• One felt pity for his wife sitting in the car

  • and just couldn't bring himself to pull the trigger.

  • Another one had an equipment malfunction.

  • And so one by one,

  • Ferdinand passed them none the wiser,

  • smiling and waving to the crowd,

  • smiling and waving in an open-top car so the world could better see.

  • But at last, on the Cuprija Bridge,

  • an assassin finally steps forward and throws a bomb at the Archduke's car.

  • Seconds before it lands,

  • Ferdinand sees it and dives behind the door of the car

  • as the bomb passes over him and bounces into the street behind.

  • An explosion rips through the ground,

  • mangling the car following them

  • and leaving twenty people wounded and bleeding on the street.

  • The assassin leaps over the side of the bridge to make his escape,

  • but in the type of amateurish planning

  • that would be comical if the circumstances weren't so grave,

  • he fails to realize that the river below is only four inches deep,

  • and he hurts his leg in the fall.

  • In one last act of comic/tragic bravado,

  • the assassin swallows the cyanide pill he's been carrying,

  • a finalYou'll never take me alive!” gesture.

  • But alas, these young high school assassins

  • had bought their suicide pills on the cheap,

  • and this one was way past its shelf life.

  • So the young man just sits quietly vomiting into the river

  • while the police stroll down to take him very much alive.

  • The motorcade races back the way it came,

  • sirens screaming, and the city begins to lock down.

  • Another of the young men,

  • a 19-year-old named Gavrilo Princip,

  • watches the cars go by, heart sinking.

  • So it's done,” he thinks to himself.

  • It's off.

  • "The Archduke is alive.

  • The assassination has failed.”

  • He is pretty bummed out.

  • His hopes to be immortalized in the halls of Serbian heroes are dashed.

  • All his dreams of glory just shattered.

  • Overall, it's been a pretty lousy day.

  • So he goes off to pout, thinking,

  • Maybe a snack will make me feel better.”

  • This one young man's comfort snack may seem like a small thing,

  • but it's on the small things that history often turns.

  • Back at City Hall, the Archduke and the mayor are having words.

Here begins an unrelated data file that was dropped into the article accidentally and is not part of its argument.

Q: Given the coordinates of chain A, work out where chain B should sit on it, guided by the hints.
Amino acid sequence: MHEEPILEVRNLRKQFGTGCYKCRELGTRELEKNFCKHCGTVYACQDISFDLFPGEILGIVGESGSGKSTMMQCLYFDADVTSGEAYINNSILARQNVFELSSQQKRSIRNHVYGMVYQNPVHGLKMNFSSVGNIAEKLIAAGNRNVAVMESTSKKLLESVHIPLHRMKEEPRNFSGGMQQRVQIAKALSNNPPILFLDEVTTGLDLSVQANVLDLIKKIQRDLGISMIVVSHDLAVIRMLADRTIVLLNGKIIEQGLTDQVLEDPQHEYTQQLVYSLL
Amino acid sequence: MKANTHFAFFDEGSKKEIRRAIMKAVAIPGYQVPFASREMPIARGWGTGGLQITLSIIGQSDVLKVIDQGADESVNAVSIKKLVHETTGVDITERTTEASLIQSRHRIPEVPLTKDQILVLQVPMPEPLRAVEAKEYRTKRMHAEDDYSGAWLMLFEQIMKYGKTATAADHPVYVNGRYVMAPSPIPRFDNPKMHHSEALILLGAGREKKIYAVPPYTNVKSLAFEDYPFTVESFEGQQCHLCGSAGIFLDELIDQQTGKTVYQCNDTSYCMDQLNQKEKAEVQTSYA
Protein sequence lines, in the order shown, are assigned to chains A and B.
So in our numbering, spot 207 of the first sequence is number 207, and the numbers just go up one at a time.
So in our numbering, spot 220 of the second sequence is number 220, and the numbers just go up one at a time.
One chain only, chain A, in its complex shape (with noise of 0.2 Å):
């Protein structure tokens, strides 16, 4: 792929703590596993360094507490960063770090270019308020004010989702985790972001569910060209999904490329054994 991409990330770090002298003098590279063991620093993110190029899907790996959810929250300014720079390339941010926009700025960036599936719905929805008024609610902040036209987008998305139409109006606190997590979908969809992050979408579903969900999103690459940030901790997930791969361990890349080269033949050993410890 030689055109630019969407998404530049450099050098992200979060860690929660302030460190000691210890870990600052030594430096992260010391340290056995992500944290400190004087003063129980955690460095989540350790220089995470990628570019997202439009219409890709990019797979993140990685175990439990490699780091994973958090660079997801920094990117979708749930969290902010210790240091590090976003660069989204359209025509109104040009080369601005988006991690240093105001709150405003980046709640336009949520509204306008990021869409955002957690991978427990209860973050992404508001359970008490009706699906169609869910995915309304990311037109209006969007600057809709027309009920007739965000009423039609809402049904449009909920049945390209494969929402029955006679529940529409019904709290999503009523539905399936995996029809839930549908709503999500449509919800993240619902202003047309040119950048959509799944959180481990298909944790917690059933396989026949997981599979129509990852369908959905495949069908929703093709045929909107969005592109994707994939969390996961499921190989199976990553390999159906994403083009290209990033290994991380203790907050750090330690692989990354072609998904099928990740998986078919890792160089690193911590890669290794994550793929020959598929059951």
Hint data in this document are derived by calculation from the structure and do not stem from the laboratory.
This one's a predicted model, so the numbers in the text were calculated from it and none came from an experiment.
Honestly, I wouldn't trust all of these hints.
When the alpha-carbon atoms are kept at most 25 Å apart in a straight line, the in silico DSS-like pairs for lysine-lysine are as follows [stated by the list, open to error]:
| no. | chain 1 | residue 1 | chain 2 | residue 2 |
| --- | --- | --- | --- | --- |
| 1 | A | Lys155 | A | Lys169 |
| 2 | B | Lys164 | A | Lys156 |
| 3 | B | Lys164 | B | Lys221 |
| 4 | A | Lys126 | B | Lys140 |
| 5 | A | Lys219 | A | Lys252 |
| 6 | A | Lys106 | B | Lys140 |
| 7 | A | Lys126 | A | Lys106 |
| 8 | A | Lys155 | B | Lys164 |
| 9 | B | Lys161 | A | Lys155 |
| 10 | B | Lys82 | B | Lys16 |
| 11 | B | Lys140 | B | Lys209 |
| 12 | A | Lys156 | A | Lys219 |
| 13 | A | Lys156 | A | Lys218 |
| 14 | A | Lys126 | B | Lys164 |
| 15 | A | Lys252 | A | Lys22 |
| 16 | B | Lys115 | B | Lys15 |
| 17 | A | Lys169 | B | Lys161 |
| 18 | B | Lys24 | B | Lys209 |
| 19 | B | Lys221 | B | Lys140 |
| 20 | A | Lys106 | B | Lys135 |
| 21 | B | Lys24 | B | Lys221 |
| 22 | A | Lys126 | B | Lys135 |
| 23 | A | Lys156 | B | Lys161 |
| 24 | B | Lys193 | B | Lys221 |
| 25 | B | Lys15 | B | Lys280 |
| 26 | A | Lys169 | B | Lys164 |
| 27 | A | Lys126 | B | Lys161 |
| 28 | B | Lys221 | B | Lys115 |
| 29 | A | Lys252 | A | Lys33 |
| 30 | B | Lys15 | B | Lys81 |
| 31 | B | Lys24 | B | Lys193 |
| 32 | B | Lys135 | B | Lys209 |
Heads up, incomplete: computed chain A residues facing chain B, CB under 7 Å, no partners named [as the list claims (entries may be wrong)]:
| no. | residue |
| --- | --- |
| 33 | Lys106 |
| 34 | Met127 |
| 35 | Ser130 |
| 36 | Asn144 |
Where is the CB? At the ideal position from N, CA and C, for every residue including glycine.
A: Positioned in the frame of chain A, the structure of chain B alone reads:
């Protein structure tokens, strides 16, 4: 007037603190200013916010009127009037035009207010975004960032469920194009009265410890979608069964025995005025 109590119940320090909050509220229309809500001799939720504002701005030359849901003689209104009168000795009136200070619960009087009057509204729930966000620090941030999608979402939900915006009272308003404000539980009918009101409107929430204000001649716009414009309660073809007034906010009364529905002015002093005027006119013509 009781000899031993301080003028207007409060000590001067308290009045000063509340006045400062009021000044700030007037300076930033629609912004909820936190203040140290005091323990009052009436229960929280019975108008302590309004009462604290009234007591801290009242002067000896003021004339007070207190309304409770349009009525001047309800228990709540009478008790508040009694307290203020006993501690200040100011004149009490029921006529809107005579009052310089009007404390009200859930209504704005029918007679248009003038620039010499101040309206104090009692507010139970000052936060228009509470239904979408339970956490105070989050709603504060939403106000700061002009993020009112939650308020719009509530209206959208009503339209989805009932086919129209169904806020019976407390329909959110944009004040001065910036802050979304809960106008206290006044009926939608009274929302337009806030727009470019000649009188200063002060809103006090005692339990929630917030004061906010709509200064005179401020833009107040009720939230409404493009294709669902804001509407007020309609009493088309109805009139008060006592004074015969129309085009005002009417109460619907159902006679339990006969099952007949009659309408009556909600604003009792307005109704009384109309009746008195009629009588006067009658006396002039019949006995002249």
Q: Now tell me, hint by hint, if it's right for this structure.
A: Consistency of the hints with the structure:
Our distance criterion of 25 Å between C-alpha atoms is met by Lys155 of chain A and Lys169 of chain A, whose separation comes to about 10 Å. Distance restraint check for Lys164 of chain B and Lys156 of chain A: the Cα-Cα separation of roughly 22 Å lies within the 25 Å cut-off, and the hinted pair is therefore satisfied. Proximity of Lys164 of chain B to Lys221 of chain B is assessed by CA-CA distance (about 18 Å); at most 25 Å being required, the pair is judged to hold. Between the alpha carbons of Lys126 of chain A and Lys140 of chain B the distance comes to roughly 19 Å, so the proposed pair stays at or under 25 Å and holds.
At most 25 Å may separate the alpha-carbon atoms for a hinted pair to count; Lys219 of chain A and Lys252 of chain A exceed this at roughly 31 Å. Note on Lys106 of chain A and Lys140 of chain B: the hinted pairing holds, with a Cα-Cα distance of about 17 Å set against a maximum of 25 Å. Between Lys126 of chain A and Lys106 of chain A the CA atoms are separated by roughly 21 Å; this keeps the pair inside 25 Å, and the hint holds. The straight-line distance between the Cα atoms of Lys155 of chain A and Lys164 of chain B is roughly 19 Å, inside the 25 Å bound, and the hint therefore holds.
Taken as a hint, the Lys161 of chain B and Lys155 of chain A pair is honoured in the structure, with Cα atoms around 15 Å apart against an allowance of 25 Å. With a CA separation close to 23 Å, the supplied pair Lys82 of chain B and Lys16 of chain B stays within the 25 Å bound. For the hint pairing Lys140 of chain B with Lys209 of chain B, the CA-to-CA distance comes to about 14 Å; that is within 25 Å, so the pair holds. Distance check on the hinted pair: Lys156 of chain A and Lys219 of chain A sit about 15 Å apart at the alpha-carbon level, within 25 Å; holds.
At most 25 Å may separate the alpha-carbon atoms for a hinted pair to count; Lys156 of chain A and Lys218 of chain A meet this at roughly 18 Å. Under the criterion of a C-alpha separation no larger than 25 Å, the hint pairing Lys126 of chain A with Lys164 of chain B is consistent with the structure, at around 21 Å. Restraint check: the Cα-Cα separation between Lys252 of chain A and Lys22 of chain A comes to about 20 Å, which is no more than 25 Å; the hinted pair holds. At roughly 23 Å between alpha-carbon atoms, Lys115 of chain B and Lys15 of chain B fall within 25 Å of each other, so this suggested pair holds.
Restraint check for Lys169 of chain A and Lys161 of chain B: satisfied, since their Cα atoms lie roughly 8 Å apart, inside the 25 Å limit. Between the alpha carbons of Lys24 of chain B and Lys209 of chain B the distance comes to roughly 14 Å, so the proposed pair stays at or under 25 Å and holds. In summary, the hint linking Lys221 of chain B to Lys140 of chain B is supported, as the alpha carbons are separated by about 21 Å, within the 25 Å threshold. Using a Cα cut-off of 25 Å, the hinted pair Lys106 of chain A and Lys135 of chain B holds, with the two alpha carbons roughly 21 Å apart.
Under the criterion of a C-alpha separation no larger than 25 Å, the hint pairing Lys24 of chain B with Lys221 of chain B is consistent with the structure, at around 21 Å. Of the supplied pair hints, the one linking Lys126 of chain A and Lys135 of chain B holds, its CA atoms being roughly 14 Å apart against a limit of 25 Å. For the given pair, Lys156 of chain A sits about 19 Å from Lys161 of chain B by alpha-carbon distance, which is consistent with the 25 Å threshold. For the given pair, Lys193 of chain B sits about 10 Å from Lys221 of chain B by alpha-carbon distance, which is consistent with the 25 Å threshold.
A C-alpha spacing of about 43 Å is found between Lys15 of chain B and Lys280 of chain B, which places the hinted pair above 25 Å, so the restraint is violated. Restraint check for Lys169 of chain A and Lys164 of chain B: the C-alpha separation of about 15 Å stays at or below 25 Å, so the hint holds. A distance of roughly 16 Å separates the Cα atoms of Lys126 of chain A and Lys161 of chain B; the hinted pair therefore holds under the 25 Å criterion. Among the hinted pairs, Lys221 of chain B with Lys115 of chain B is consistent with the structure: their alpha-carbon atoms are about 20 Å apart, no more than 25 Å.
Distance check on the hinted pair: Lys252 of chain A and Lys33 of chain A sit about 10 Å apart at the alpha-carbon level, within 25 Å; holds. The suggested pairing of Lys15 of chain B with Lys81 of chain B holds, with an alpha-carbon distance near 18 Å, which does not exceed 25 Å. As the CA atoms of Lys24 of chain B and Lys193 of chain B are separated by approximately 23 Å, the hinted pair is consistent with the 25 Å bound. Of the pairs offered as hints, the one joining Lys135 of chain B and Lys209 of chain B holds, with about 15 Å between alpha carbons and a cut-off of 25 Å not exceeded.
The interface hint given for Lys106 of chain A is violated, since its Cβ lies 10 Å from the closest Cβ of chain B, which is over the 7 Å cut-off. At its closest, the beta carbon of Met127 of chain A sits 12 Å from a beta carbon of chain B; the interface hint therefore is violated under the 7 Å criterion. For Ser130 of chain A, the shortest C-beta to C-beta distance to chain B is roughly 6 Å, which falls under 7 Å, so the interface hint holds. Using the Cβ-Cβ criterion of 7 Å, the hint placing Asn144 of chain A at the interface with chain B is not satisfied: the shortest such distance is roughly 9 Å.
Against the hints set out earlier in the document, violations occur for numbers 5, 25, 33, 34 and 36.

• The mayor proposes that the Archduke and Duchess should continue on their trip,

  • but the Archduke thunders back something like

  • Are you crazy?

  • You'd have us visit museums while bombs explode on your street?”

  • And then, in a gesture of gallantry that you don't often see anymore,

  • he proposes instead that they immediately visit the hospital

  • where the wounded were taken after the attack.

  • So they don't hide him in a bunker or spirit him out of the country

  • with a small army of guards like we would do today.

  • Instead, they all pile out to the motorcade

  • and start off towards the hospital.

  • But nobody remembers to tell Franz Ferdinand's driver,

  • and I should mention that this is the Archduke's personal chauffeur.

  • This fellow came along with the Archduke for the trip,

  • but he's Austrian through and through.

  • This guy does not know his way around Sarajevo.

  • And so, as they're making their way through the city,

  • the Archduke's driver makes a wrong turn onto Franz Joseph Street,

  • a street named for the Archduke's father.

  • Meanwhile, our failed assassin Gavrilo Princip,

  • is sitting outside a deli eating his consolation snack

  • and starting to feel maybe a little better.

  • And maybe this will be his only chance, he thinks.

  • Maybe someday he'll have another shot at greatness.

  • I mean, it was a really bad day, but who knows,

  • it could still turn out okay.

  • They'd have to go into hiding for a while but--

  • Holy *beep* Is that the Archduke?

  • Yes, right there in front of him, in the same open-top car

  • was the Archduke and his wife.

  • The driver had taken a random wrong turn onto the street

  • where Gavrilo Princip was having a sandwich,

  • and their car had just stalled out trying to back up.

  • Three strides away.

  • Gavrilo can hear the Archduke and his wife talking from the car.

  • No words, just actions.

  • He stands up, he pulls out his pistol,

  • and he fires two shots that changed the world.

  • The Archduke looks over,